Curriculum matters mainly because of its potential impacts on students. The fundamental purpose of curriculum development is to ensure that students receive integrated, coherent learning experiences that contribute towards their personal, academic and professional learning and development.

These pages are intended to assist academic staff in the design and development of curriculum for topics, major and minor sequences of topics, and courses which contribute to Flinders graduate qualities. These qualities provide a key reference point for the Curriculum Development  process. For them to be realised in graduates, they must be related to the conceptual frameworks, language and practices of the student's field of study through quality learning experiences.

Flinders University Policy on Course and Topic Development, Approval and Management (Section 5.1) states:

Courses and topics should be designed, developed and delivered within a framework which comprises a specified curriculum, specified assessment arrangements, and clearly identified educational aims and learning outcomes. These elements should provide an educational framework which is clear and coherent, and which:

  • forms the basis for teaching and assessment activities; 
  • relates to the overall academic goals and objectives of the University;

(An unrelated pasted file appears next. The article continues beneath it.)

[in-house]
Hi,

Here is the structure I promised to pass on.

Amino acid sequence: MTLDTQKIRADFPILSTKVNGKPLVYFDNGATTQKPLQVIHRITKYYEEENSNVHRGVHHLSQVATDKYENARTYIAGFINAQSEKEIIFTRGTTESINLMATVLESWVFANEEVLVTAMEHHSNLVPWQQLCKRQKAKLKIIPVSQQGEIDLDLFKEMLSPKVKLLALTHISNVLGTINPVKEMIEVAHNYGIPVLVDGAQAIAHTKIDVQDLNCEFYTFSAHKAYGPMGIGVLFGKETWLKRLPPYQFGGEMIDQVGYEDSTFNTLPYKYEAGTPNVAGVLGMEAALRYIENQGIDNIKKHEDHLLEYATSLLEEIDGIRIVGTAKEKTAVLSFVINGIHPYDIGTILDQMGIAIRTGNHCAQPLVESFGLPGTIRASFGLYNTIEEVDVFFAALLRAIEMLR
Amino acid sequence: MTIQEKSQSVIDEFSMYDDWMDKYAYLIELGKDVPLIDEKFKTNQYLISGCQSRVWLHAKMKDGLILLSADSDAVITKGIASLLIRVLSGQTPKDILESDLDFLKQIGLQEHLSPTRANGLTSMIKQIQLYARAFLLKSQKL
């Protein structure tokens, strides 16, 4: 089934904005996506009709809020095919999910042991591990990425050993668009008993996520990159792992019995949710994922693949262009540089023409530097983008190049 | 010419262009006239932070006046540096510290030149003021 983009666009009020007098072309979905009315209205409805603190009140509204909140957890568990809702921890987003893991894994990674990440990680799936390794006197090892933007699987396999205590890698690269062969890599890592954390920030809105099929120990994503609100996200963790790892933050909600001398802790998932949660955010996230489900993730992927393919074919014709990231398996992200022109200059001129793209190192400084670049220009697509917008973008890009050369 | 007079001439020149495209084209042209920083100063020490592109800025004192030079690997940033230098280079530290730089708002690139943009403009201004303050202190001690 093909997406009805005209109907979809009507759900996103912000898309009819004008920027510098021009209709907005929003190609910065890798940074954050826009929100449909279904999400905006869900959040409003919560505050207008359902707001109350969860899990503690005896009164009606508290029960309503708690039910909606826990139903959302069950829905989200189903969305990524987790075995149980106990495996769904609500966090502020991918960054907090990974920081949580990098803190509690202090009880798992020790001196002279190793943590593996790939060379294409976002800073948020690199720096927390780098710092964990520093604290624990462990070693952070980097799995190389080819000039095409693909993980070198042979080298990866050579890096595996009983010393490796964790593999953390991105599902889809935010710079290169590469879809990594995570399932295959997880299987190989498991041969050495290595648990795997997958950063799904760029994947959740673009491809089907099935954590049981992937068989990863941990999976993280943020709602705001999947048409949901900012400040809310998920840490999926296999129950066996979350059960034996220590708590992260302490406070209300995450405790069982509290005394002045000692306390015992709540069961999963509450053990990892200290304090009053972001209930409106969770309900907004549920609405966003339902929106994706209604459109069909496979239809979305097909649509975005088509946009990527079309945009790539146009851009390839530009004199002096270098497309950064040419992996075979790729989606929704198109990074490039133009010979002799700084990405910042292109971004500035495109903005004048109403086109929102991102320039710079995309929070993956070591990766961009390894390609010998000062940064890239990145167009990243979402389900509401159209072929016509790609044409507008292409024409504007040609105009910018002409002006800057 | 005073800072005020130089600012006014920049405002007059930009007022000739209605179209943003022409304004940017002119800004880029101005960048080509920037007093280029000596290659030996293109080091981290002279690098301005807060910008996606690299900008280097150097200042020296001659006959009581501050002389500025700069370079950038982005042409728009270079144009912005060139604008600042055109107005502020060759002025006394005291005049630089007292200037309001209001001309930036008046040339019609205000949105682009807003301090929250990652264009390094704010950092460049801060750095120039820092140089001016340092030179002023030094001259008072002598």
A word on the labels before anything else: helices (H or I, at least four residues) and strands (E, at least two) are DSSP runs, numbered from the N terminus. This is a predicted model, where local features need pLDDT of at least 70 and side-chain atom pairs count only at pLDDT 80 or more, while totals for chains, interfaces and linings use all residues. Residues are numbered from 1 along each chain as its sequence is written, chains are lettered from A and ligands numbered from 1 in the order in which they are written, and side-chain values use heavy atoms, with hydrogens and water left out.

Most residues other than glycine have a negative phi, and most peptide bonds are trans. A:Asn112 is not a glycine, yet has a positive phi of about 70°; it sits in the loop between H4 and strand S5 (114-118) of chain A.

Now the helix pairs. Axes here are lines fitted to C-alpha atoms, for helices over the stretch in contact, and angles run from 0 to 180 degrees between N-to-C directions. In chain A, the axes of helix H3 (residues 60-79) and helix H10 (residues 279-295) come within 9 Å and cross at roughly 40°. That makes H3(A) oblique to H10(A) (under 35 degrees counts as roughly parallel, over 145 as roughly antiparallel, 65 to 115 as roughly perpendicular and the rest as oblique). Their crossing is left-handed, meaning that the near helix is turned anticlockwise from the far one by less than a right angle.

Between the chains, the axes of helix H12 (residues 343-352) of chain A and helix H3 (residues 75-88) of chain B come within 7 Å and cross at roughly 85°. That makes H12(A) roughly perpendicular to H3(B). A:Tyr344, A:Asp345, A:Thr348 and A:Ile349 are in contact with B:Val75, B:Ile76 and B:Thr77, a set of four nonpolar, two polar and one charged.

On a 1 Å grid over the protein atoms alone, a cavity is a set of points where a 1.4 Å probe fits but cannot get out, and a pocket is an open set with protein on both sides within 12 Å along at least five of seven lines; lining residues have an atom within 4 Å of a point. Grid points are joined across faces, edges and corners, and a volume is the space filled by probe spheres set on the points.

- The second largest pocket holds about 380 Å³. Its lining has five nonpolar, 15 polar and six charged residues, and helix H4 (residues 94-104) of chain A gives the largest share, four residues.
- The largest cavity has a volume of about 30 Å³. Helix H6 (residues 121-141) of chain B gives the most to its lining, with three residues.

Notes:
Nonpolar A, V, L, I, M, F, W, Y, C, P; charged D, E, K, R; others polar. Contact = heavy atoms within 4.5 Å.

• is orientated towards the development of students as independent, lifelong learners;
  • maps the territory for students in useful ways, yet allows them room for their own exploration;
  • demonstrably constitutes a clear progression towards expertise in the discipline or field; and 
  •  makes explicit the generic and discipline-specific capabilities that are to be gained.

Curriculum development is a key process in determining the quality of learning and teaching that occurs within the University and hence the qualities of graduates.

Curriculum can be characterized in a number of ways:

  • curriculum as content - the subject matter to be taught
  • curriculum as experience - the planned and other experiences encountered by learners in educational contexts
  • curriculum as intention - statements of predetermined aims, objectives and outcomes, and planned learning experiences for students
  • curriculum as cultural reproduction - the passing on of the accepted knowledge, values and behaviours of a discipline, profession or society to the succeeding generation

Each of these partial images contributes to a more holistic characterisation of curriculum as:

All the planned learning opportunities offered to students and the experiences encountered by the students when the plans are implemented. The curriculum is the plans, practices and outcomes of the interaction between the student, the curriculum design (plans linking elements together) and the teaching staff.